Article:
Britain’s decision to leave the EU has been labelled an ‘exceptional act of self-harm’. But is it? In October South Africa became the first country to announce its formal withdrawal from the International Criminal Court (ICC). This was soon followed by the exit of Burundi and Gambia and by Russia’s announcement that it intends to withdraw from the Rome Statute which establishes the ICC. Although the Court has been hampered since its inception by the refusal of major states such as the US, China and Russia to submit to its jurisdiction, these withdrawals represent an unprecedented challenge to its legitimacy. Things look no brighter in the area of international security cooperation, as illustrated by the slow acceptance of Additional Protocol safeguards under the NPT and the failure of Annex 2 countries to ratify the Comprehensive Treat Ban Treaty. Even longstanding alliances seem at risk of unravelling. In June Uzbekistan announced its (re-)exit from the Collective Security Treaty Organization, and NATO leaders are growing increasingly nervous that the Trump Administration will turn its back on America’s allies. Meanwhile, there is a growing trend towards withdrawal from and denunciation of international human rights treaties, the G8 has shrunk to the G7, and the use of UNSC vetoes—which were at a historic low during the 1990s—is once again on the rise.
The news that three African states—Burundi, South Africa and now The Gambia—will quit the International Criminal Court marks a setback in the long struggle against impunity for grave crimes. Although the politics are specific to each country, the common thread underlying each of the three departures is cynical self-interest.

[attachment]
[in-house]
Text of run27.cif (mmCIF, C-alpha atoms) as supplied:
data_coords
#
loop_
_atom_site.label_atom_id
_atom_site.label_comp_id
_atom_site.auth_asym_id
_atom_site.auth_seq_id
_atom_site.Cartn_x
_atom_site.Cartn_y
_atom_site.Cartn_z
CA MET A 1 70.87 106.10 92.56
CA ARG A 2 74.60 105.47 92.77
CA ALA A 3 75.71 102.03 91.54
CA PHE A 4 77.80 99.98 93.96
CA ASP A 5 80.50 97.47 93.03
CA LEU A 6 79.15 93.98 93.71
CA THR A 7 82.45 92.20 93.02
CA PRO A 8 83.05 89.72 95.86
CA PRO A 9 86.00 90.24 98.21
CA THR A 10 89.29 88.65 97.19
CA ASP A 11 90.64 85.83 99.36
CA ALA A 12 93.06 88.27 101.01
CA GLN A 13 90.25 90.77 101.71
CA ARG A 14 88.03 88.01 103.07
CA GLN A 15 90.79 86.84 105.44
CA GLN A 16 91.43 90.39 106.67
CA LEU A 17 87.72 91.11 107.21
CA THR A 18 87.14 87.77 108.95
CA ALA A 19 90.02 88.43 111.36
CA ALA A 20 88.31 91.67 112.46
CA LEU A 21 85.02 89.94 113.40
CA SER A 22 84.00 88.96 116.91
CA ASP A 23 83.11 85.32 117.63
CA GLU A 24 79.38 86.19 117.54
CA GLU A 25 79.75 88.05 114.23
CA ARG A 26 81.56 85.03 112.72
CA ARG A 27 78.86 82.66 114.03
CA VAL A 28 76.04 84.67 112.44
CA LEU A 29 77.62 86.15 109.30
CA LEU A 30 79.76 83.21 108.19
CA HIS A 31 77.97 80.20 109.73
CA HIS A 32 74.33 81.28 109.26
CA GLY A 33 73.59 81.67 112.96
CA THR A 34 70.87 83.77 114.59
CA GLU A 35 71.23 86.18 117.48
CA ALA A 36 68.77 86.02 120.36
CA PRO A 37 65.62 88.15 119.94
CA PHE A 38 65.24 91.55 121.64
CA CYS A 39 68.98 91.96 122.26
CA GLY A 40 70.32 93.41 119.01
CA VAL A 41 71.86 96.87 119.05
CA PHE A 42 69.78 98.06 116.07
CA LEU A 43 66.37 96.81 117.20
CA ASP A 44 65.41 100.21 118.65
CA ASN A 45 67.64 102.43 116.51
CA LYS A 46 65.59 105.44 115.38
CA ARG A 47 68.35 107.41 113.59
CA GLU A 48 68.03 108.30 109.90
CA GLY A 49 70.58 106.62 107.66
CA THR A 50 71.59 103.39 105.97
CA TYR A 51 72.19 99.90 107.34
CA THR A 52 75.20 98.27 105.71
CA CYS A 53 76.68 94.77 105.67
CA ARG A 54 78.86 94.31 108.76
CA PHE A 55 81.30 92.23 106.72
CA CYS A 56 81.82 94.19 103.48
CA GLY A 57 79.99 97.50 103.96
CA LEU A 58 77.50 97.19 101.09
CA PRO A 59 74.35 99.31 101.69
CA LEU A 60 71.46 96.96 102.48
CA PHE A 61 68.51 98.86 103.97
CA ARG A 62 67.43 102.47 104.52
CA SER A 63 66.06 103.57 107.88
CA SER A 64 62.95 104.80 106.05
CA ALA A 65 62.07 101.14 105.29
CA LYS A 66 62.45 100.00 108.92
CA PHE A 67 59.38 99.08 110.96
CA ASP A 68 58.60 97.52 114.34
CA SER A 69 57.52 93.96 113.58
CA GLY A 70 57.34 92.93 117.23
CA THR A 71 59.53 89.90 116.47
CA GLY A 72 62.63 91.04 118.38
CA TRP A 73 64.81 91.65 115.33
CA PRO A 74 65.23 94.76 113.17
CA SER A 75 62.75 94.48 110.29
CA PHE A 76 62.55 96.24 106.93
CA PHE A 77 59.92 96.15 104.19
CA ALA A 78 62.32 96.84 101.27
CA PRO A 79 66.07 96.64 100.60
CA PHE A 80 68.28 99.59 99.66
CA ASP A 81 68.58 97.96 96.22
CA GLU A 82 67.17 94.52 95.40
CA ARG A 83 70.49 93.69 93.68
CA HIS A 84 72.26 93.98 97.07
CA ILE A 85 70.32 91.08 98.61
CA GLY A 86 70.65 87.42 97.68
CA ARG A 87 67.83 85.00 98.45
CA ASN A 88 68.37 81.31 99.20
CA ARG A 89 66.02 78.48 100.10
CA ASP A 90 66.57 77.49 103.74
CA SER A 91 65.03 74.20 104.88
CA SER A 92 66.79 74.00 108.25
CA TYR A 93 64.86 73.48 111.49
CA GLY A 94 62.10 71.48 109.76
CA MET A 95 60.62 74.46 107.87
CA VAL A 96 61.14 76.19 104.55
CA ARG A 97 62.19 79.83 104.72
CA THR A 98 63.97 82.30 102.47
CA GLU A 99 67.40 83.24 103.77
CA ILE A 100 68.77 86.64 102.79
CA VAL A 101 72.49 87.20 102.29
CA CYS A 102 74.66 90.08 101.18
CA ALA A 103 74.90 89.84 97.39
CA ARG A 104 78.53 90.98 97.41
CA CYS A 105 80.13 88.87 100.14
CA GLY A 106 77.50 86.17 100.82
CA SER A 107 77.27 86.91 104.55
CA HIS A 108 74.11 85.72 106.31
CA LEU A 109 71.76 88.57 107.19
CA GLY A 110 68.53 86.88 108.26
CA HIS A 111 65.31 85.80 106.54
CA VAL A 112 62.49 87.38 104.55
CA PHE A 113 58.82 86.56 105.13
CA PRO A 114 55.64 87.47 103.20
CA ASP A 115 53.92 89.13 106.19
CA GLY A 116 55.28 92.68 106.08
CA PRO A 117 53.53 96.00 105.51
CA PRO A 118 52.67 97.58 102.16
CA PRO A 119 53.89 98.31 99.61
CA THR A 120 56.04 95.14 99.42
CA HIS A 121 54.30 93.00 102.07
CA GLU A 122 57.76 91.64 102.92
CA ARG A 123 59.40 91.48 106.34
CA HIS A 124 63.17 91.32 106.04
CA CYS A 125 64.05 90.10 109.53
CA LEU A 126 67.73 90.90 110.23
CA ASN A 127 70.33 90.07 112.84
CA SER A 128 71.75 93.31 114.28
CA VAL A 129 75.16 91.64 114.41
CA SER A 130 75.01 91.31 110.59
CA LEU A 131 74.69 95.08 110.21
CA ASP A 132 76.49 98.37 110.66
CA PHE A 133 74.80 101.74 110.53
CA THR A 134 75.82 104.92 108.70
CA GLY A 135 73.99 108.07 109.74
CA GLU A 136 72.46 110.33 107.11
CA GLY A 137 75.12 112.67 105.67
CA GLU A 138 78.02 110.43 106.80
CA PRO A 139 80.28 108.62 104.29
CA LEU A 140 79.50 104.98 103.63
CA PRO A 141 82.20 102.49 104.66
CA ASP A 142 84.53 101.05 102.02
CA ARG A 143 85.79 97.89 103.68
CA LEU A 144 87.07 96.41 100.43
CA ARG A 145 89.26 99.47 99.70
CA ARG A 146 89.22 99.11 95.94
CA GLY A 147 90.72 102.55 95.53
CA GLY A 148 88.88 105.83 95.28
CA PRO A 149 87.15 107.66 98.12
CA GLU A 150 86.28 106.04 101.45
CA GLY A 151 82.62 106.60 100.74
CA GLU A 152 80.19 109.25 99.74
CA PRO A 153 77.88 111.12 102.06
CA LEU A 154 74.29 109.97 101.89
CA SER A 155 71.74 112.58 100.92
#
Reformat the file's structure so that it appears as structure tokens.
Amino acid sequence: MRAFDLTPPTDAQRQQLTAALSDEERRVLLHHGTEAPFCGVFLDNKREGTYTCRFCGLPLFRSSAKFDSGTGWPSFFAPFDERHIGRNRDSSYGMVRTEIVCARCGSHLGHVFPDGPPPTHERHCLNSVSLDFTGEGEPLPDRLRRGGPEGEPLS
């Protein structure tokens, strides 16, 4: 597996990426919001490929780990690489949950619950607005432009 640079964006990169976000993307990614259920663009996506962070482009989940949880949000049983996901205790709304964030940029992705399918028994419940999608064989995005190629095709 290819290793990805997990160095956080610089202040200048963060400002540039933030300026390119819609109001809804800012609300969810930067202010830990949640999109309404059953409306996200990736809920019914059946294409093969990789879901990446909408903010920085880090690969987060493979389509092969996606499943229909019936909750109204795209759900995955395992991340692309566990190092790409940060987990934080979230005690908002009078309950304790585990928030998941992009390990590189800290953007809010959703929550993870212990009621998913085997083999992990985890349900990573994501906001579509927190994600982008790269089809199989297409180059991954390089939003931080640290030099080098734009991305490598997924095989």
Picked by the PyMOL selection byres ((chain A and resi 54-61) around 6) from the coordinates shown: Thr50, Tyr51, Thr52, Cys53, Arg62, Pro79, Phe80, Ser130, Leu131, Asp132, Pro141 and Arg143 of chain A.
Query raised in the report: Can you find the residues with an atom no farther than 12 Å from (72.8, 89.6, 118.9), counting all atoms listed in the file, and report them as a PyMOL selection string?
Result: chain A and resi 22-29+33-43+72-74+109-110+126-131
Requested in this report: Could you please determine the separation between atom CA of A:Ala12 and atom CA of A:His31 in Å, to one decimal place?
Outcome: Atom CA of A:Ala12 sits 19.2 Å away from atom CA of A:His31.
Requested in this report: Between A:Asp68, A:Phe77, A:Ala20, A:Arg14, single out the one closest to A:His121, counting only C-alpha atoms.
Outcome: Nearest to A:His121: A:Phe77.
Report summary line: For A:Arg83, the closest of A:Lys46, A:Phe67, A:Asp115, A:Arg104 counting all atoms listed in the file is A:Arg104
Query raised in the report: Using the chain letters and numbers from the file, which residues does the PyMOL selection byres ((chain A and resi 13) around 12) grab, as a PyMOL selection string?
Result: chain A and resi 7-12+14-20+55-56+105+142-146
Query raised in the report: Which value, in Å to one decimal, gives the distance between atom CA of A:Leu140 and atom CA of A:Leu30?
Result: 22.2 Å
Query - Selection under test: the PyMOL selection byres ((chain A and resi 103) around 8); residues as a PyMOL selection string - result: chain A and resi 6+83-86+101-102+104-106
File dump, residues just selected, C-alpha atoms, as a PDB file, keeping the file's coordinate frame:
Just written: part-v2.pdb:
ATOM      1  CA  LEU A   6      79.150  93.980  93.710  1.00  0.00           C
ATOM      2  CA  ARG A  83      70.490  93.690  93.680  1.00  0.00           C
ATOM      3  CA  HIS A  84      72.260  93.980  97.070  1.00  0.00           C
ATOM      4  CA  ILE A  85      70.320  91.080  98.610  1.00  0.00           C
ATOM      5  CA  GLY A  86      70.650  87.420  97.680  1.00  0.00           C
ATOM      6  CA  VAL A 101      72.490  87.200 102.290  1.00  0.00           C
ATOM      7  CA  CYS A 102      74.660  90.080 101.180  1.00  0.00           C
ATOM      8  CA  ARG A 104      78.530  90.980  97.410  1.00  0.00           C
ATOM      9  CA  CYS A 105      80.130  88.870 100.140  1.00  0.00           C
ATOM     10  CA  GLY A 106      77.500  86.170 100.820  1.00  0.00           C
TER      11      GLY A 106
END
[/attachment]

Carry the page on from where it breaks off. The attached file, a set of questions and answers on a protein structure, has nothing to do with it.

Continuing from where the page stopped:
A number of Burundi’s current leaders no doubt fear that the Court, currently conducting a preliminary inquiry, may charge them with crimes against humanity for political violence which has taken the lives of hundreds of civilians and forced hundreds of thousands to flee. Indeed, Burundi’s notice of ICC withdrawal immediately followed its suspension of the activities of the UN human rights office to protest a UN report implicating the country’s security forces in massive rights violations.
The Gambia’s president, Yahya Jammeh, who came to power 22 years ago in a military coup and once infamously threatened human rights defenders with death, has been spouting further incendiary rhetoric in the run-up to elections this December. His Minister of Information’s characterization of the ICC as “an International Caucasian Court for the persecution and humiliation of people of color, especially Africans”, seems designed to employ anti-ICC rhetoric to hide the facts of the regime’s ugly record.
On 4 April, the International Criminal Court (ICC) suffered the most significant setback in its nearly 14 years of existence.
In a majority decision, judges terminated the case against Kenyan Deputy President William Ruto and Nairobi radio executive Joshua arap Sang.
This brought to an ignominious end the court’s attempt to administer justice for the crimes committed during the post-election violence in Kenya in 2007/2008, during which over 1 300 people were killed and more than 600 000 displaced.